Apple is on the brink of becoming the poster child for worker abuse. Journalists and rights organizations are starting to draw attention to the enormous contrast between Apple’s quarterly billions in profits, and the desperate plight of abused workers in China.
There is a great irony in the fact that one of the leading edges of scientific and technological development, represented by robotics and AI, is at last coming to see the importance of ethics; yet it is hardly a surprise if it should not yet see that importance clearly or broadly.
A while ago, a twenty-something geek we'll call Martin arranged a meeting with some potential clients in an an unusual place: the sidewalk across the street from a police precinct on Manhattan's West Side.
Howard Rheingold offers a glimpse of the future of high-end online learning in which motivated self-learners collaborate via a variety of social media to create, deliver, and learn an agreed curriculum: a mutant variety of pedagogy that more closely resembles a peer-agogy.
Nearly all of the computer historians contacted by Wired in the past few weeks said that the first password must have come from MIT’s Compatible Time-Sharing System. In geek circles, it’s famous. CTSS pioneered many of the building blocks of computing as we know it today: things like e-mail, virtual machines, instant messaging, and file sharing.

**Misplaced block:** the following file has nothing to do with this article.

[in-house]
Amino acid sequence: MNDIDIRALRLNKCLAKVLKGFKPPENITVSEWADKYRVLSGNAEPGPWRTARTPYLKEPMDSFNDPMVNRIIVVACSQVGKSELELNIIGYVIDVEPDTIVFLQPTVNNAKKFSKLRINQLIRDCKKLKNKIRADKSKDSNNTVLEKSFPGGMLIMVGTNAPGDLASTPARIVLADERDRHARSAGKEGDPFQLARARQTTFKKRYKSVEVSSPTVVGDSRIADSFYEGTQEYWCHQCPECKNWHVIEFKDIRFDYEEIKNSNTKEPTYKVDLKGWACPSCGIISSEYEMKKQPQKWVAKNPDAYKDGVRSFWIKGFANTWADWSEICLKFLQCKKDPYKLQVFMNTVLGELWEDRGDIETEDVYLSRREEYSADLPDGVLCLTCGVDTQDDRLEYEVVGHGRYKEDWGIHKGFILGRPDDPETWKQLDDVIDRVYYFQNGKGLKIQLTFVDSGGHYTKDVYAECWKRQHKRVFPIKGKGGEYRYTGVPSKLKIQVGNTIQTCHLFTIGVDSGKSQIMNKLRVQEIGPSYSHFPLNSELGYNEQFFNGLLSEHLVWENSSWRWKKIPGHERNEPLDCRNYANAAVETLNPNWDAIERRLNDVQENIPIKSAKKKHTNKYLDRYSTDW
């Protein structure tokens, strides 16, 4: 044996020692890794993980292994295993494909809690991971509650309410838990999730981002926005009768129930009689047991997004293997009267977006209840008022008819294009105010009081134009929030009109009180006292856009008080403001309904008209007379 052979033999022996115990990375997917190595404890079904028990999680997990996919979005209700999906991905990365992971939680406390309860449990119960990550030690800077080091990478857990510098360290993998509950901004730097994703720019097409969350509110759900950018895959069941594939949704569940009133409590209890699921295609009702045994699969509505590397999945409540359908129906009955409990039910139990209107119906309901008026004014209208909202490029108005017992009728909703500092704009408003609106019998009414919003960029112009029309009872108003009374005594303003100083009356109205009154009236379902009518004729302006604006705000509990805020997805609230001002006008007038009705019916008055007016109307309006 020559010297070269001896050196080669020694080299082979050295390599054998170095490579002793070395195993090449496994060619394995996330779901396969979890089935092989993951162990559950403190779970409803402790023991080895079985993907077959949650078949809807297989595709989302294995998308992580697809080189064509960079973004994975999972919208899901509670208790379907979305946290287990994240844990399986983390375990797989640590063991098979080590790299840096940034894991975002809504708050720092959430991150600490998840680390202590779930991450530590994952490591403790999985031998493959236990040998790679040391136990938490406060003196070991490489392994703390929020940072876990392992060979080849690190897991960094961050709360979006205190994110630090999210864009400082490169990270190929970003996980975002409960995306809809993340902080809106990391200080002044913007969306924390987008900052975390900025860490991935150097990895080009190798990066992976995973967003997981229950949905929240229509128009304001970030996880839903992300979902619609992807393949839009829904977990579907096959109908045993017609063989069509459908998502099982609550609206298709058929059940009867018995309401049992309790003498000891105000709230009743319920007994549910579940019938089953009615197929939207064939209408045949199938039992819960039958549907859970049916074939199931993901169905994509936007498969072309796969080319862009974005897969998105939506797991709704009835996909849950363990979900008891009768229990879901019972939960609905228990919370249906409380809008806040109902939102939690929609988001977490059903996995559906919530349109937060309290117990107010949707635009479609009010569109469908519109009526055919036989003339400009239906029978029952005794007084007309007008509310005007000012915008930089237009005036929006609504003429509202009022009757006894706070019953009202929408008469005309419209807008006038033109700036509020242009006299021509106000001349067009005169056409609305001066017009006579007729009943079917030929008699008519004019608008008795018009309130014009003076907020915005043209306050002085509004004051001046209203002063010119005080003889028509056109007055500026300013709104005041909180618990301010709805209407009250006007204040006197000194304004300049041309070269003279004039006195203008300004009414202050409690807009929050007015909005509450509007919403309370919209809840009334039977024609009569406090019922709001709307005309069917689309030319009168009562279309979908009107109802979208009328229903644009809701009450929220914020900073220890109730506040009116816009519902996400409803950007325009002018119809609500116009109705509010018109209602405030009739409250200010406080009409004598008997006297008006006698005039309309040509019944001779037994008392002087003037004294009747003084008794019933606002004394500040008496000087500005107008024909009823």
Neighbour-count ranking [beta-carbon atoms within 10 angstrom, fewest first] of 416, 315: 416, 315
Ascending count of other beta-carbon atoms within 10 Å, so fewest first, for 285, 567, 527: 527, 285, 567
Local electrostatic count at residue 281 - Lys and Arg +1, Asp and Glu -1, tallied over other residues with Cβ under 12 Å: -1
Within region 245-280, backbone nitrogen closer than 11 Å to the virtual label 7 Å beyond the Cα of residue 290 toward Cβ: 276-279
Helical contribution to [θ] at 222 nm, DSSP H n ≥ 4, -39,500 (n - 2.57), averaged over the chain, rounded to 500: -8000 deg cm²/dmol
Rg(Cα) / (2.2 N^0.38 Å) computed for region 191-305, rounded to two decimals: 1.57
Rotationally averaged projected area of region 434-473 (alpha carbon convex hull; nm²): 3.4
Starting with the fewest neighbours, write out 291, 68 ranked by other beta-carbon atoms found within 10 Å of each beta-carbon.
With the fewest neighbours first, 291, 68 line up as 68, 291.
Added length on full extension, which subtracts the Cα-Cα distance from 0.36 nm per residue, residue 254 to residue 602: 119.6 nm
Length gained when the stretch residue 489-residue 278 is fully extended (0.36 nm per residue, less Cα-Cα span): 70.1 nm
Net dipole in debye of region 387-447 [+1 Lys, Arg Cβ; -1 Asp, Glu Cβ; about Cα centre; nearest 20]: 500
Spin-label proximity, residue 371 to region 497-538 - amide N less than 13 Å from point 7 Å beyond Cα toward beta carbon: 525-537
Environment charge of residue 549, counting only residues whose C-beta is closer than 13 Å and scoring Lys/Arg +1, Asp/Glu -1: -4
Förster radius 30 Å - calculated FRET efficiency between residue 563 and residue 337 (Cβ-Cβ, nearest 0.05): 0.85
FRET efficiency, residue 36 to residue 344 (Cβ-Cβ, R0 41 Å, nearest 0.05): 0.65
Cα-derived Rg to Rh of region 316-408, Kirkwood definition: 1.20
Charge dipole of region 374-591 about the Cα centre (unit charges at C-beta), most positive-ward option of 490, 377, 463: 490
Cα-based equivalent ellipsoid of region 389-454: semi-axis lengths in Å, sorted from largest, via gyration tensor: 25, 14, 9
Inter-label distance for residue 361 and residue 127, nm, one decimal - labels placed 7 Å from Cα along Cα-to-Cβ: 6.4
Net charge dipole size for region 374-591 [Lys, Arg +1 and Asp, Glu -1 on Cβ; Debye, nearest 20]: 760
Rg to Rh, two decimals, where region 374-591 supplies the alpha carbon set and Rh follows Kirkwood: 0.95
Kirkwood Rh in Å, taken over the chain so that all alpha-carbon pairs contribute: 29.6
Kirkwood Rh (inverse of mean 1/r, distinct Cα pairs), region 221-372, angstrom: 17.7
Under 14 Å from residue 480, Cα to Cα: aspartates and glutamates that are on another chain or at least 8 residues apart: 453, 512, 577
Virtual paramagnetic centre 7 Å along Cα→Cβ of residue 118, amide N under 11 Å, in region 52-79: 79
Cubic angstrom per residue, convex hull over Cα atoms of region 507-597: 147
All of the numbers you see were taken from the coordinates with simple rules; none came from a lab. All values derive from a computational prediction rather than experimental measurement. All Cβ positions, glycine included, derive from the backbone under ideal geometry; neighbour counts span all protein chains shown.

2012 may be the year of 3D printing, when this three-decade-old technology finally becomes accessible and even commonplace. Lisa Harouni gives a useful introduction to this fascinating way of making things -- including intricate objects once impossible to create.
Should we care about machine morality at all? Do the issues that Charles T. Rubin so ably raises merit scholarly time and public attention? Or are they just frivolities — material suited for science fiction romps in books and movies but unworthy of serious consideration?
North Korea has warned that any of its citizens caught trying to defect to China or using mobile phones during the 100-day mourning period for Kim Jong-il will be branded as 'war criminals' and punished accordingly.
Debates in prestigious congregations like the World Economic Forum were the preserve of a chosen few only till the recent past, but thanks to social media, especially Twitter, the dialogues are now being extended to global audience.
Tely Labs' telyHD turns Skype video chats into room-size experiences, involving whole families or groups of friends on each end—seeing each other, chatting and sharing photos in high definition using TVs instead of computers.
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